Questions of Faith
A common question that often puzzles believers and non-believers alike concerns God’s hiddenness. The question might look something like this: “If God wants us to know and believe in him, why doesn’t he present himself more explicitly, perhaps through a miracle? If God can do anything, surely this is the first thing he’d do to let us know he exists.”
It’s a thought-provoking query and one that has led many people stray from the faith. Why is God so silent and hidden?
There are many ways to approach this problem, all which complement each other, and so make a strong cumulative case to show there are rational answers to this dilemma.
The first way is to point out that God hasn’t and doesn’t remain hidden from the world – Catholics believe that God became incarnate in the person of Jesus who walked among us in the world. He could be seen, touched and heard, people died for his message – and books, which we now refer to as the Gospels, were written about him.
Likewise, the Old Testament records the history of God’s relationship with the Jews, and some of what is written in there can be corroborated with archaeological findings. This line of thinking, which rests upon the point that God physically entered in humanity, dispels the view that he has remained hidden.
This response is usually greeted with a forceful objection that those accounts are too ancient and unreliable to trust – if God gave into the worries of Doubting Thomas who chose not to believe until he touched the holes in the flesh of Jesus, then he should do the same for us!
A rebuttal to this objection, although tenuous, is to point out that, even if we ignore the Bible, God has revealed himself through general revelation. The Church teaches that by natural reason, humans can know God with certainty, on the basis of his works and by looking into our conscience where “the prudent can hear God speaking”.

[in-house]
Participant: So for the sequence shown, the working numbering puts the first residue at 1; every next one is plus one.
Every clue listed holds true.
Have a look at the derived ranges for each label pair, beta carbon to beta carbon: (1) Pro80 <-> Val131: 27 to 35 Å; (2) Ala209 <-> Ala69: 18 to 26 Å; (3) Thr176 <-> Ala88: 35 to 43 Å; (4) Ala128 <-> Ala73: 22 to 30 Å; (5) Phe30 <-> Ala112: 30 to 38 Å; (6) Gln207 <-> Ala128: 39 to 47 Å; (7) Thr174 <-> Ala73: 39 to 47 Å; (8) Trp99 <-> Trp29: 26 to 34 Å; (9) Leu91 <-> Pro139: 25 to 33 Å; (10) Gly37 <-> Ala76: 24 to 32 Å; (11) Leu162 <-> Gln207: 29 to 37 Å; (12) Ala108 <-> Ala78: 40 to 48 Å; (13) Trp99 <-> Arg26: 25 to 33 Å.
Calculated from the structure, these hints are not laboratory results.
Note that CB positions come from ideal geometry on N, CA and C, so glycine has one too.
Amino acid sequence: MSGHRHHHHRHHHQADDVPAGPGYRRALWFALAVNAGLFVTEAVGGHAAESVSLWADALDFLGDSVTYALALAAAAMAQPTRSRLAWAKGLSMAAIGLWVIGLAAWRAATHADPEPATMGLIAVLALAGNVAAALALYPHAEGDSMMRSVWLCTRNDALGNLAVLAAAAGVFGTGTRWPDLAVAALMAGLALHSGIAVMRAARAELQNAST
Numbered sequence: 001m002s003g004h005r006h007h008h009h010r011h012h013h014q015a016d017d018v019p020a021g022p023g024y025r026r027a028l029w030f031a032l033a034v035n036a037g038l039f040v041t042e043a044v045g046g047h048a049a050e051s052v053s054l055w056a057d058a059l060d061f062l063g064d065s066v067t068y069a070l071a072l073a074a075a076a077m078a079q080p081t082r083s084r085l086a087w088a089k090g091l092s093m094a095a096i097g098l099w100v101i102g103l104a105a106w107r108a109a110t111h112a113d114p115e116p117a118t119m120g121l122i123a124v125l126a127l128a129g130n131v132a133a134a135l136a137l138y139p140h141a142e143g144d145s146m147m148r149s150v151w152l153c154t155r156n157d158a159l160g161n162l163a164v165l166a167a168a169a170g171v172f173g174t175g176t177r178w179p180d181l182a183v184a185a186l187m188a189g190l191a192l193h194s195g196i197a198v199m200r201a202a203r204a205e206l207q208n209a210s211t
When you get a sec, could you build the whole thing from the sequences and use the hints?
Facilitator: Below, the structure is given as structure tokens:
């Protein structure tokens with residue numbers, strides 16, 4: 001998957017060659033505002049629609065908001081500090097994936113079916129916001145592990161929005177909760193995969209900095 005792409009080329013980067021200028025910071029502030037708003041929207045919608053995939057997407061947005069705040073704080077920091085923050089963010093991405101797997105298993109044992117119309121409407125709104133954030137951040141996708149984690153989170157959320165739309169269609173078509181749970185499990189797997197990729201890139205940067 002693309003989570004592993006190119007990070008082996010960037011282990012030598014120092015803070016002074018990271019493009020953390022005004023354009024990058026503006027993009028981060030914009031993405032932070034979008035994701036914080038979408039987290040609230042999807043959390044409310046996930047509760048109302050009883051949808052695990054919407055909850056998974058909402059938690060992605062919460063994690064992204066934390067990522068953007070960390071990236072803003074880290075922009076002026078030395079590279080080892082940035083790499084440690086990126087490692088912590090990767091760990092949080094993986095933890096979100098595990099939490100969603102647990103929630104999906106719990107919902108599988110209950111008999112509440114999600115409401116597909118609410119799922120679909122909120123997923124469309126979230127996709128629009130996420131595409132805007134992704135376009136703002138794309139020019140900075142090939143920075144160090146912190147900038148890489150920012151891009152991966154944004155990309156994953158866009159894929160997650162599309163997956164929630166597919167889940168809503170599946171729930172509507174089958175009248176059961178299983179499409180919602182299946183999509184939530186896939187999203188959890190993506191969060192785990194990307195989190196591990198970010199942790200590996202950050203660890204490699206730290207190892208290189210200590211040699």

This response may not cut the mustard with an ardent objector, but there are other ways to deal with this question. One really effective reply is that God doesn’t just want us to know him, but have a relationship with him. It’s not enough to simply be intellectually aware of God’s existence but to pray and worship, and recognise him.
So, while a large-scale miracle, like God structuring the stars for them to read ‘I exist’ might persuade people that a divine creator is real, it would offer little in establishing a true and free relationship between God and creature.
The last response is to recognise that personal miracles happen all the time, by which people describe having a truly transformative experience where they come to believe and love God. While miracles should always be treated with scepticism, it’s important to keep your mind open to such possibilities.
So, when asked why God is hidden, it’s clear that he has remained open to us, striving in rational and sometimes mysterious ways to help us know and have relationship with him.